The alarm goes after a very restless night and you awake as tired as you were when you went to bed. You struggle out of bed, feeling rotten, and head off to work. You don’t have a cold, the flu or other physical ailment so you can’t call in sick. But isn’t your mental health just as important and severe as your physical health?
Absolutely! And from my experience managing teams, I know poor mental health can be worse in the workplace than poor physical health, maybe because it is less obvious than physical health.
Someone feeling stressed, depressed, anxious, or overwhelmed can dramatically change the team culture, office ambience, and indeed ‘infect’ others – as much as someone with a cold or gastro can.
So, how do you ask for a day off for your mental health, and how as should a manager or employer think about mental health days? How do we normalise mental health conditions to be thought of in the same way physical health conditions are?
How to ask for a mental health day
The first thing is to acknowledge is that you need a mental health day. Being clear on why you need it does two things: it makes it easier to communicate why you need a mental health day to your boss; and it can help get rid of the guilt you might feel for ‘chucking a sickie’ when you’re feel unwell but not actually coughing and spluttering.
And just as you would see a doctor for a physical illness you should also have a plan to address your mental illness – maybe go to a doctor or specialist.
Assess your workplace culture and its openness to the idea of mental illness.
If asking for a mental health day will cause you more stress, then take a sick day off without explanation. A couple of days off without explanation is acceptable. People often think they are required to ‘over-explain’ themselves which is not the case at all.
Employers and mental health days
Employers might worry that if staff start taking mental health days, the sick leave days will spike and staff will just call in sick whenever they don’t feel like coming in to work (or have something else on, like a day fishing). I worked at a multinational company in New Zealand 20-odd years ago and the company got rid of the 10 days’ sick leave per annum for each employee.
What they discovered was this took away the concept that sick leave was like annual leave, and people only took sick leave when they were sick. Their overall number of sick leave days taken plummeted, and staff had the days off when they needed them.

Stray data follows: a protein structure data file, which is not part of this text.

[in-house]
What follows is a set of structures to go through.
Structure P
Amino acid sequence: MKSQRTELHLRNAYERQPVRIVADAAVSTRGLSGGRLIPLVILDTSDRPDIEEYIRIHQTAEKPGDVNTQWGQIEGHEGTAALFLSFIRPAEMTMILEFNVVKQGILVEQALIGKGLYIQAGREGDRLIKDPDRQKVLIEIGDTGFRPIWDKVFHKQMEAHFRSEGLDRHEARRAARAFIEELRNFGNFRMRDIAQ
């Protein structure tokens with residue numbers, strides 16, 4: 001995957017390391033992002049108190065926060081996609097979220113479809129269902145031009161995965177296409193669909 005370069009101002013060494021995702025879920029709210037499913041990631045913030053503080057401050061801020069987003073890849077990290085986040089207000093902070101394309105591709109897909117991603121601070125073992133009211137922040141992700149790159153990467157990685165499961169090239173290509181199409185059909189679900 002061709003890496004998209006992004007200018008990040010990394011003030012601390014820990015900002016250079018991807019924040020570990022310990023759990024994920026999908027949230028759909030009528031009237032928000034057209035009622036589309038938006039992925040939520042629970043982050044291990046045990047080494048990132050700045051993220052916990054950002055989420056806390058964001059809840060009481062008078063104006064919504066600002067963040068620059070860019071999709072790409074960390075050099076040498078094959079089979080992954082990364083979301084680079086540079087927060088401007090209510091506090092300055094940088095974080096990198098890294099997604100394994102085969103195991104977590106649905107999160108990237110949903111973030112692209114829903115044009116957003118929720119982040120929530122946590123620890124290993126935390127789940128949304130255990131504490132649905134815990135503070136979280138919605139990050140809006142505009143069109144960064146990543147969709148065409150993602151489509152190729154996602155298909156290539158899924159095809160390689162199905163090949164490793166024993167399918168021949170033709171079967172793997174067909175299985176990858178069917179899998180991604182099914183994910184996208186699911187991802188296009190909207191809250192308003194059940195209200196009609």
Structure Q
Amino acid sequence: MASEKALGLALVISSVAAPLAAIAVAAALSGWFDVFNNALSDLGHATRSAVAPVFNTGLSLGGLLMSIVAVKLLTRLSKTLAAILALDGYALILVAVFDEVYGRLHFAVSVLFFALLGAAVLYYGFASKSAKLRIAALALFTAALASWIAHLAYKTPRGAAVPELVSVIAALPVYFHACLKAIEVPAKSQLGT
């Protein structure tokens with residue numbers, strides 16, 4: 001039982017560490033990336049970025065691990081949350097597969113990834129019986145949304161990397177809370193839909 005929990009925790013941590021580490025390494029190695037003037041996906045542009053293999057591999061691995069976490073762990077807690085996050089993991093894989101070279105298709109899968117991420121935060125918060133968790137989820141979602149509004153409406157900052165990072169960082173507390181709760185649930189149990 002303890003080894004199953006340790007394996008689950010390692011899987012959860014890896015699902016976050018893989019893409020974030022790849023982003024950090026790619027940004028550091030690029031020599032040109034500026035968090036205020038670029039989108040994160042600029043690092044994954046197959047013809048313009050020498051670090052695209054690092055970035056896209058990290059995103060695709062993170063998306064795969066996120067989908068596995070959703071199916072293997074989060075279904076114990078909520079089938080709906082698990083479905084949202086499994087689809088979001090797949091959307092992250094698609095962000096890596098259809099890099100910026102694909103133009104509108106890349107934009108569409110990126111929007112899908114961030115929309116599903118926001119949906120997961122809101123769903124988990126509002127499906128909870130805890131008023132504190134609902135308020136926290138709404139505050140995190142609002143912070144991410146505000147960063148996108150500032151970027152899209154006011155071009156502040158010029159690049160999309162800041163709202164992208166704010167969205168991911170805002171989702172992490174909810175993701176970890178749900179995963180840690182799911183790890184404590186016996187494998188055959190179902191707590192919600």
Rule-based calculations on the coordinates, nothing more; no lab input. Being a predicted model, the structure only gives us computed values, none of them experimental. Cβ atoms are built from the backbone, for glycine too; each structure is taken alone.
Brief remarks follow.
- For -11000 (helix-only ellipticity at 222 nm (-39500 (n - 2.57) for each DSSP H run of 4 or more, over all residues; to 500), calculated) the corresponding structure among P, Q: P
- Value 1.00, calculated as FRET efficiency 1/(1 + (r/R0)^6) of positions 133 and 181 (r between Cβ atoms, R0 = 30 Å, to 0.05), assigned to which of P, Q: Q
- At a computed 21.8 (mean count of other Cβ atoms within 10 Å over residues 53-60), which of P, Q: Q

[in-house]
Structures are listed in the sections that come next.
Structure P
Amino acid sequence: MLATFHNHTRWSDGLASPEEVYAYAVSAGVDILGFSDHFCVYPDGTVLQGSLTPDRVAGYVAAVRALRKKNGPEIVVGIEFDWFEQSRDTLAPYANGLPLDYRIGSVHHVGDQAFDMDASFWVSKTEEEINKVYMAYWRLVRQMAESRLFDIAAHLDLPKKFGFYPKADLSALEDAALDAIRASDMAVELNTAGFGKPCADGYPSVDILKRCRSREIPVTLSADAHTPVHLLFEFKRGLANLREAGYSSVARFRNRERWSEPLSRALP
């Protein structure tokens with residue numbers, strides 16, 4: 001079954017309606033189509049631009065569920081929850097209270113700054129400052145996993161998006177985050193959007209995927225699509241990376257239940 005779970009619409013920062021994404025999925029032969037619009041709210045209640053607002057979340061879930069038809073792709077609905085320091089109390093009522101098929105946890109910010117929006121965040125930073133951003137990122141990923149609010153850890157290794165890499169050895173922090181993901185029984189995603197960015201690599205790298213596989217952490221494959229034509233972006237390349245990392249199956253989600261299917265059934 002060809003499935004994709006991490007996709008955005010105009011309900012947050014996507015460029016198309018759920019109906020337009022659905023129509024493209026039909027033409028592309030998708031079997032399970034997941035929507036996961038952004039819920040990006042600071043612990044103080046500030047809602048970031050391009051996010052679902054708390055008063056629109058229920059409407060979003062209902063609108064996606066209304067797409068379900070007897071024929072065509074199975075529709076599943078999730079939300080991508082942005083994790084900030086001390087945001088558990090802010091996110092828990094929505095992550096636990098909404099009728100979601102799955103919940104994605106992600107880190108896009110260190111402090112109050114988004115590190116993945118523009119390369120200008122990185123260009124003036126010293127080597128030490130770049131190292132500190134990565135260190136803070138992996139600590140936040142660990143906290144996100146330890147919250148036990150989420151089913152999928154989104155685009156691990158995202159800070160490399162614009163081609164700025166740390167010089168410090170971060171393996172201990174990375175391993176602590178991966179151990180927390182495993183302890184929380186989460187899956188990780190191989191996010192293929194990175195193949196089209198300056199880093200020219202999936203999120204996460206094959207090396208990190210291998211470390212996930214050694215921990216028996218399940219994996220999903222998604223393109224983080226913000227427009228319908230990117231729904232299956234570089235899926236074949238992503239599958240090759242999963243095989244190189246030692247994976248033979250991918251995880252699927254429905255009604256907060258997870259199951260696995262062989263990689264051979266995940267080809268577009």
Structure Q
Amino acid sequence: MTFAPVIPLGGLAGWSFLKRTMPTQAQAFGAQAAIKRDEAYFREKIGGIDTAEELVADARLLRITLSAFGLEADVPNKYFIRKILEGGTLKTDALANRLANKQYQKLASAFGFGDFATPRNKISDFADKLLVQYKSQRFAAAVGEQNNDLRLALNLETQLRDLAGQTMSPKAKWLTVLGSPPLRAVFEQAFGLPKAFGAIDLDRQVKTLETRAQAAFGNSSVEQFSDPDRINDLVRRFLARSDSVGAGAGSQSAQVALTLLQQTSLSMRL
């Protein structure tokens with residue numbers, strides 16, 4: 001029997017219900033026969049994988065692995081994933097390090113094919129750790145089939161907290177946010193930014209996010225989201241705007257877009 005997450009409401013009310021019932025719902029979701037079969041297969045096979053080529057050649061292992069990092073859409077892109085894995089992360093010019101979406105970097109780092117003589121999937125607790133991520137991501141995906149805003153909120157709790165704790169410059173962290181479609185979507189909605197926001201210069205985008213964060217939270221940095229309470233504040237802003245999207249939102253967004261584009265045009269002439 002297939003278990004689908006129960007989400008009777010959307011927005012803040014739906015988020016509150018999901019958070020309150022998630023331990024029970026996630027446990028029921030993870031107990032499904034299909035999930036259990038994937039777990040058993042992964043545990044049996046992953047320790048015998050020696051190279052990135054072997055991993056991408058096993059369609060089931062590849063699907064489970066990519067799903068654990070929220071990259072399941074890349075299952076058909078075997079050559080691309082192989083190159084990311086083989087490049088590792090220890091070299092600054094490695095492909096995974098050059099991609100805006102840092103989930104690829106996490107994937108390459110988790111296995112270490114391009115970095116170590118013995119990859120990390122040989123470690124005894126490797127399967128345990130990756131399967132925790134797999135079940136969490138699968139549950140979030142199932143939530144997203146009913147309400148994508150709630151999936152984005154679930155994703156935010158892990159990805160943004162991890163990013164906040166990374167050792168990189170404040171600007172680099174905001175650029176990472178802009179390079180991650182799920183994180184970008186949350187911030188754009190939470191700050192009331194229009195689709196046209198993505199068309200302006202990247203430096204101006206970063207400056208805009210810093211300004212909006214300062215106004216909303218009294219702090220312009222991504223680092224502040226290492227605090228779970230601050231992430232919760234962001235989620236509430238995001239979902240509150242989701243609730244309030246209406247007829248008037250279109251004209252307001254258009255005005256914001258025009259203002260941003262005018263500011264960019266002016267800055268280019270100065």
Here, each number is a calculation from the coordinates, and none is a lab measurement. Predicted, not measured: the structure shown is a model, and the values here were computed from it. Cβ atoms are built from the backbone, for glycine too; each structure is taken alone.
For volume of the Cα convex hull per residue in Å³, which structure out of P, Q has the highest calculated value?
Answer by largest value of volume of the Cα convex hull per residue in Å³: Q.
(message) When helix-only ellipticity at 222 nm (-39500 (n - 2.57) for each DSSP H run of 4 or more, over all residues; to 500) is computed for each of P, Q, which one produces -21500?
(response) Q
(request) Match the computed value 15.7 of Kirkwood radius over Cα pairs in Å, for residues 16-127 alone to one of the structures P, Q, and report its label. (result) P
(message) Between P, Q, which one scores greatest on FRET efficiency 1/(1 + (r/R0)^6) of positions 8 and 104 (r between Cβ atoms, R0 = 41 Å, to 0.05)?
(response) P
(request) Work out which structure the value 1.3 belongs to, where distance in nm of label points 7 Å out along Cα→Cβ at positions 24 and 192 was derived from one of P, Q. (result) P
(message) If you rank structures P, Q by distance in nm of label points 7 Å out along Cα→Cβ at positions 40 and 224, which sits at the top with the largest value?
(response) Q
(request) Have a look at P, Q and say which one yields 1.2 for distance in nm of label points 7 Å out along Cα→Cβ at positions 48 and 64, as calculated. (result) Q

Employers should also look at mental health days as part of a culture that is supportive of their staff, of work–life balance and mental health care. Staff who aren’t stressed, anxious or overwhelmed and take a day or two off to decompress are generally more productive, have better concentration, are friendlier and help lift the mood of the office. They become better friends and colleagues, and more loyal and dedicated employees.
Even those of us who are the employers or self-employed should consider having a mental health day. For me, this usually entails taking a day out of the office midweek to go fly fishing – which I call Zen fishing. During the drive there and back I listen to music, and the places I go to are usually scenic so there are lots of interesting things to look at.
I put my phone on airplane mode and can spend several hours walking a river trying to outwit fish. I rarely think about anything else than staying upright in the river and how to catch that fish – no work issues, nothing to do with the family, no politics – just nothing else. The next day, I’m clearer in thought, have more energy, I’m happier and I’d like to think more pleasant to be around.
Peter Bregman the author of 18 Minutes: Find Your Focus, Master Distraction, and Get the Right Things Done has a concept in his book of putting your daily tasks under five categories, one of them being ‘for me’. The premise is that it makes you think about what you do during the day and why it is important, and how to be more productive.
Mental health days with an activity such as Zen fishing, going to the gym, going to the movies, or taking time out to read a book are all important, legitimate tasks if one of the categories for your tasks is ‘for me’.
The next time you need a mental health day, or one of your staff does, remember this quote from American Rabbi Harold Kushner: “Being kind to others is a way of being good to yourself.” Treating yourself or your staff in a kind, empathic and compassionate way will help you, them, and the business too.